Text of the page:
When Sylvia returned home that night, her wet socks seeped quietly in her shoes, but no one said anything. Her mother did not complain about having to wash the socks, and her brother did not mention the mud on her shoes. The dog seemed more interested in her than ever before, but she did not have time to worry about it. Instead, she ate well and slept without stirring.

One day, as suddenly as her birthday had changed her life, a new day changed it again. Autumn began with no regard for summer, pushing out the high sun to let the bad weather blow in. She was not permitted on the roads by herself anymore, even though she was ten. People were cautious and asked each other constantly: how were the roads? When Sylvia heard this, she scowled. Why should they care about her roads?

The winter came, and like all winters in the village, it was dry and brittle, and everyone rushed to shut doors and light fires as it rattled through. The wind blew in a few flurries of snow, but hurried them out again. Sylvia sat at her desk in school, watching her eraser make black spirals of rubber, all that remained behind of mistaken words. From the back rows, her brother and his friends tried to kicked her chair. Ahead of her, the other girls braided their hair into long plaits and tossed them over their shoulders to unwind a little bit with each movement, until they would get bored and braid them again.

A rare warm day arrived, and the students ate lunch outside. Sylvia took her lunch bucket and sat on the school steps facing the road. The boys ate on the swings and on the top of the silver slide. The girls ate inside the school behind her, and she could hear their laughter drift under the crack in the door. Sylvia bit into her sandwich and thought about the stream. Was it waiting for her now, impatient that she should neglect it for so long? She could see nothing from the school step but the entrance to the road. She could feel nothing but the cold on her fingers as they moved the sandwich to and from her mouth.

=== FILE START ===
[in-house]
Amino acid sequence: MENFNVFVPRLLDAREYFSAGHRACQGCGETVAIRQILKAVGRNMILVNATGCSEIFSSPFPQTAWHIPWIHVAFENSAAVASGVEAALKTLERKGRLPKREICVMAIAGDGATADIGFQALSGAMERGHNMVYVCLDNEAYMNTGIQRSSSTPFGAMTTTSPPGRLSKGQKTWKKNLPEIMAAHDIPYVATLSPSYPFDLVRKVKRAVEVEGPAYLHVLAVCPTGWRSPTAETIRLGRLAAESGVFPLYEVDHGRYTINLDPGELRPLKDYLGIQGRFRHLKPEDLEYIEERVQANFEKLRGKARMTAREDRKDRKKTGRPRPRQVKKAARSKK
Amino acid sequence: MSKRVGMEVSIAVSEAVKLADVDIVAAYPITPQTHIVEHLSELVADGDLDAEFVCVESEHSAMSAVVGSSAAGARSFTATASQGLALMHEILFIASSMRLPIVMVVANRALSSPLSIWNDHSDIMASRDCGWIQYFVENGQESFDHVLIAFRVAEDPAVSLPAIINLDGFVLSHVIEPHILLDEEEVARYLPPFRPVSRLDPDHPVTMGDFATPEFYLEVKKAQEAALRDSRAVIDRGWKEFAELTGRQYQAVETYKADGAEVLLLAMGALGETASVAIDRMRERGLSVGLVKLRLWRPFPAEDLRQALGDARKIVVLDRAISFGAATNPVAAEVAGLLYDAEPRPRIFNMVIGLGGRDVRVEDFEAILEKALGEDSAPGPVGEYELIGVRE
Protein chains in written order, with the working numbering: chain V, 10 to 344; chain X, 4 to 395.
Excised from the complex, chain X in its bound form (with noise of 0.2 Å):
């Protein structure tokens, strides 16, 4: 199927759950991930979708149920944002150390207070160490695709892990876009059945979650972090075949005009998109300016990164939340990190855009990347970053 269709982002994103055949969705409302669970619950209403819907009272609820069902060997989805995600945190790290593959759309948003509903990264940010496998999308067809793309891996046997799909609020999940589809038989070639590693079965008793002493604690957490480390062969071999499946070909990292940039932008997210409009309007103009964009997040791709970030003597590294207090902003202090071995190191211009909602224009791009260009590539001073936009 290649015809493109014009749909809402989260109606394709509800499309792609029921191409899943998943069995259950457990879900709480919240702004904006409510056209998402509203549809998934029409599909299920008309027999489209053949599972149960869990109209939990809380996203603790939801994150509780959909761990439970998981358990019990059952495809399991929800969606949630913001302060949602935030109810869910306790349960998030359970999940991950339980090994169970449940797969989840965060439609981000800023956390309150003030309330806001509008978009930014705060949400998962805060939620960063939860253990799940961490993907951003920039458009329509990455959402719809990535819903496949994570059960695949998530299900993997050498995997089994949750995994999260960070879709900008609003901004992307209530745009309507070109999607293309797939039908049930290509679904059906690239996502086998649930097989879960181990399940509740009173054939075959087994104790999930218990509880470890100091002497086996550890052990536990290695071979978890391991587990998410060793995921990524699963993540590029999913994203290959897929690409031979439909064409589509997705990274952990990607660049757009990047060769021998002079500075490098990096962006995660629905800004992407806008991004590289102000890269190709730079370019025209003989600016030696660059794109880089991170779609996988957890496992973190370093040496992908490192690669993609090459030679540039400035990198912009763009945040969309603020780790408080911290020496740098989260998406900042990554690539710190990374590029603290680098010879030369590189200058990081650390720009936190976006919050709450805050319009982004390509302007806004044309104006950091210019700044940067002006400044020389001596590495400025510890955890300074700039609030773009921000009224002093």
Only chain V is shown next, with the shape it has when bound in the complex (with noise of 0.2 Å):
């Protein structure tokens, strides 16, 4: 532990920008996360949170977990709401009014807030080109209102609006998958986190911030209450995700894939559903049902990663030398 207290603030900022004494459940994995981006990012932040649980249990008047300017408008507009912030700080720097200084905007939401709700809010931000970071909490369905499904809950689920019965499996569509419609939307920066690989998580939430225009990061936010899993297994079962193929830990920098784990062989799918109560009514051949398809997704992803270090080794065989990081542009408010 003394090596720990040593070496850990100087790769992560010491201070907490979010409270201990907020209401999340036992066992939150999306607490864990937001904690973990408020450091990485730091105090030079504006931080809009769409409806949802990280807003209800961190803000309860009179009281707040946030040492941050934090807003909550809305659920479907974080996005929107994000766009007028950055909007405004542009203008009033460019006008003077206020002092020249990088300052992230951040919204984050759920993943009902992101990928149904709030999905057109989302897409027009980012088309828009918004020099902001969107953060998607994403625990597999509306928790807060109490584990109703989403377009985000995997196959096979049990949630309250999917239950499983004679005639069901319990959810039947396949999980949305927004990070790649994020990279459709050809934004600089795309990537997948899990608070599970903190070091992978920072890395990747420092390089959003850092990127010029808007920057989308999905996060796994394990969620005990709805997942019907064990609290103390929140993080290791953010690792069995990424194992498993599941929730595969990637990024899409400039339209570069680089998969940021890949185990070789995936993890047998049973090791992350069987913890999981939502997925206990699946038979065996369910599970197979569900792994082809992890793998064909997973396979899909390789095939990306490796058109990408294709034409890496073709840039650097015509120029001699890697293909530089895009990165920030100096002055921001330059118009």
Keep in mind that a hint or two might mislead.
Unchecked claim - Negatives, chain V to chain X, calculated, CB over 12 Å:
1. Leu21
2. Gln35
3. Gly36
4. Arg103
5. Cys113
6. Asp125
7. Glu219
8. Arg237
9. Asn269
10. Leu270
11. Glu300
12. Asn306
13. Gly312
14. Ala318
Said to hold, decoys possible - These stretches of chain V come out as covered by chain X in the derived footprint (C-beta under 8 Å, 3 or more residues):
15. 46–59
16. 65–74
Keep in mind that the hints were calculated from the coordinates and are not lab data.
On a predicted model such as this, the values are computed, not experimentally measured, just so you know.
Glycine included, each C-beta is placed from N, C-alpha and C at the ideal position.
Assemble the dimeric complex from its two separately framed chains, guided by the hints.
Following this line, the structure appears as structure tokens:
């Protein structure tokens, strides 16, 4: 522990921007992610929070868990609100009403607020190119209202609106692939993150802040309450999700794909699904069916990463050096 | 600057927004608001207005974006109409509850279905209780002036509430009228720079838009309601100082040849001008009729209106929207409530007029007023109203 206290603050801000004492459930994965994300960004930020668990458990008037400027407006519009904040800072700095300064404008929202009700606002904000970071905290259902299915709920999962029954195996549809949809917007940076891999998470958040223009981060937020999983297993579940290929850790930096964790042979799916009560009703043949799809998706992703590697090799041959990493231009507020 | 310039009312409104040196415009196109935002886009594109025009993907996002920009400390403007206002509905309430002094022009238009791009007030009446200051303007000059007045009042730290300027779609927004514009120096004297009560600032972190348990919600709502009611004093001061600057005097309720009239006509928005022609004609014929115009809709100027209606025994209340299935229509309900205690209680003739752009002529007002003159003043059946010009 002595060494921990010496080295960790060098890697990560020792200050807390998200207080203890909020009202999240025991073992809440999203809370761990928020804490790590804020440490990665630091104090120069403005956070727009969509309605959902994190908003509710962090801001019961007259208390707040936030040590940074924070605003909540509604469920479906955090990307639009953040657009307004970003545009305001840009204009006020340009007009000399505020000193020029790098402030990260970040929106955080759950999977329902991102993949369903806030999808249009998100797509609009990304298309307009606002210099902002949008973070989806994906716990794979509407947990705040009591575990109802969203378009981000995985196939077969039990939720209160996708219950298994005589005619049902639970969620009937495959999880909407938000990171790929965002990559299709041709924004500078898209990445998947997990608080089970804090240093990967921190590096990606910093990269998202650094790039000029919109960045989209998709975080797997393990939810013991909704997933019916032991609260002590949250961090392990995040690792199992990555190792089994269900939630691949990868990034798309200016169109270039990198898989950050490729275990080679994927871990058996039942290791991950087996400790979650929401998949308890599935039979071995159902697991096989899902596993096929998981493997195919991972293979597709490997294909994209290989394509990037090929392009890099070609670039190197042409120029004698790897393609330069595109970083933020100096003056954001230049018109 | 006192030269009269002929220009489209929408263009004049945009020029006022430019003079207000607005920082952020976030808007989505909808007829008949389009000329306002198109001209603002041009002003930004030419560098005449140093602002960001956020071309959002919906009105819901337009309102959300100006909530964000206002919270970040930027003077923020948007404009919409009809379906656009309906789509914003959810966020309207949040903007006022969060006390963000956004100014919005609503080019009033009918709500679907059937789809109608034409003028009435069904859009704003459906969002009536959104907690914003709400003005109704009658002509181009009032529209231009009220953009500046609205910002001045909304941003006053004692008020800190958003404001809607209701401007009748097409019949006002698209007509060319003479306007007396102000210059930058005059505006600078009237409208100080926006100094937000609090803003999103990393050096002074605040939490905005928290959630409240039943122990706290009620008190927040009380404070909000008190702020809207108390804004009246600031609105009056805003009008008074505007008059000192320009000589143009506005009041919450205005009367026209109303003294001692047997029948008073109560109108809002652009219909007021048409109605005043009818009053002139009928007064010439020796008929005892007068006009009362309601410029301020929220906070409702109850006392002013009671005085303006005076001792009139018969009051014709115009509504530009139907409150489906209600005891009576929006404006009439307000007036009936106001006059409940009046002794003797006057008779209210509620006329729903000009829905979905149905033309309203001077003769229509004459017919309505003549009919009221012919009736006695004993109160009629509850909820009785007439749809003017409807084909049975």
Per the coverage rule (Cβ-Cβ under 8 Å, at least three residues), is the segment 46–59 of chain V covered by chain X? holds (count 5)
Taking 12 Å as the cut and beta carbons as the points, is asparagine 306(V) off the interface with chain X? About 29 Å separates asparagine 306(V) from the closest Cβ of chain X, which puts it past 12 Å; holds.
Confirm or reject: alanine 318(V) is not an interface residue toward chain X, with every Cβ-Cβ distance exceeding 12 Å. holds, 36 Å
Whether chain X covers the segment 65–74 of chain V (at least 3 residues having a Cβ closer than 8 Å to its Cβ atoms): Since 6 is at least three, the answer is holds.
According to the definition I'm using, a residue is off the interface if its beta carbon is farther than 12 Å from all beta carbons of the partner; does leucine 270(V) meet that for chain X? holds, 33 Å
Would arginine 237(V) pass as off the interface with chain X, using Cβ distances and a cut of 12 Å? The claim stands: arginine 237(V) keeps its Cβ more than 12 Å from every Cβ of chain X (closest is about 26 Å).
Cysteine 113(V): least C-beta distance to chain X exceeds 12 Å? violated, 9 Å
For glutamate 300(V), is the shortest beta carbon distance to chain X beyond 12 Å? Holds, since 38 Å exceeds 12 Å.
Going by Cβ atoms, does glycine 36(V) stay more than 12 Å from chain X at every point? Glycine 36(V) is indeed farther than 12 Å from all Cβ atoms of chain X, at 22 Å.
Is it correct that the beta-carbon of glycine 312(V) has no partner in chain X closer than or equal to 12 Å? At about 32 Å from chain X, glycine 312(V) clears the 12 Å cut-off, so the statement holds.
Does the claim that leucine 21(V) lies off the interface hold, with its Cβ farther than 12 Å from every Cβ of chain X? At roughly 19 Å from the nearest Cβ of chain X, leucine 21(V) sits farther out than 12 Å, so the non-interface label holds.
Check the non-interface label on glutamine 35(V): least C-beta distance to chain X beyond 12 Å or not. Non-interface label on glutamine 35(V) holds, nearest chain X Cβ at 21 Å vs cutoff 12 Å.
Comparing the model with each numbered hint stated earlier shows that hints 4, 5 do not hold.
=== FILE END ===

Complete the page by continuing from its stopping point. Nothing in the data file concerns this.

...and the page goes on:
The cold weather blew away, and the roads opened again. The dry winter turned into a dusty spring, a crackling strip of time before the early summer rain. Sylvia no longer raged when adults discussed the roads, but listened eagerly, knowing that they would see the roads before she could. Her mother’s friend praised the state of the roads at this time of year—the best for carriage rides. Her father’s boss took a carriage out one Sunday and came back declaring fine weather. 

Sylvia waited for the day that she could return to her road. The roads were open but crowded with people who preferred the dry spring roads over the damp roads of summer. She chose a Tuesday, a day when most people were busy with work and school. She watched the road at lunchtime to make sure that no one entered her path. No one did.

After school, she ran to the path. The road ahead of her was patchy with light, as the trees had not yet opened their leaves. The path was now two deep ruts of carriage tracks with little grass between. The long itchy blades of summer had died, and the dry grass now stayed down, trampled into submission by the winter. Sylvia let her shoelaces loosen, dropped her hat off of her head, and stomped through the grass, matting it down even more.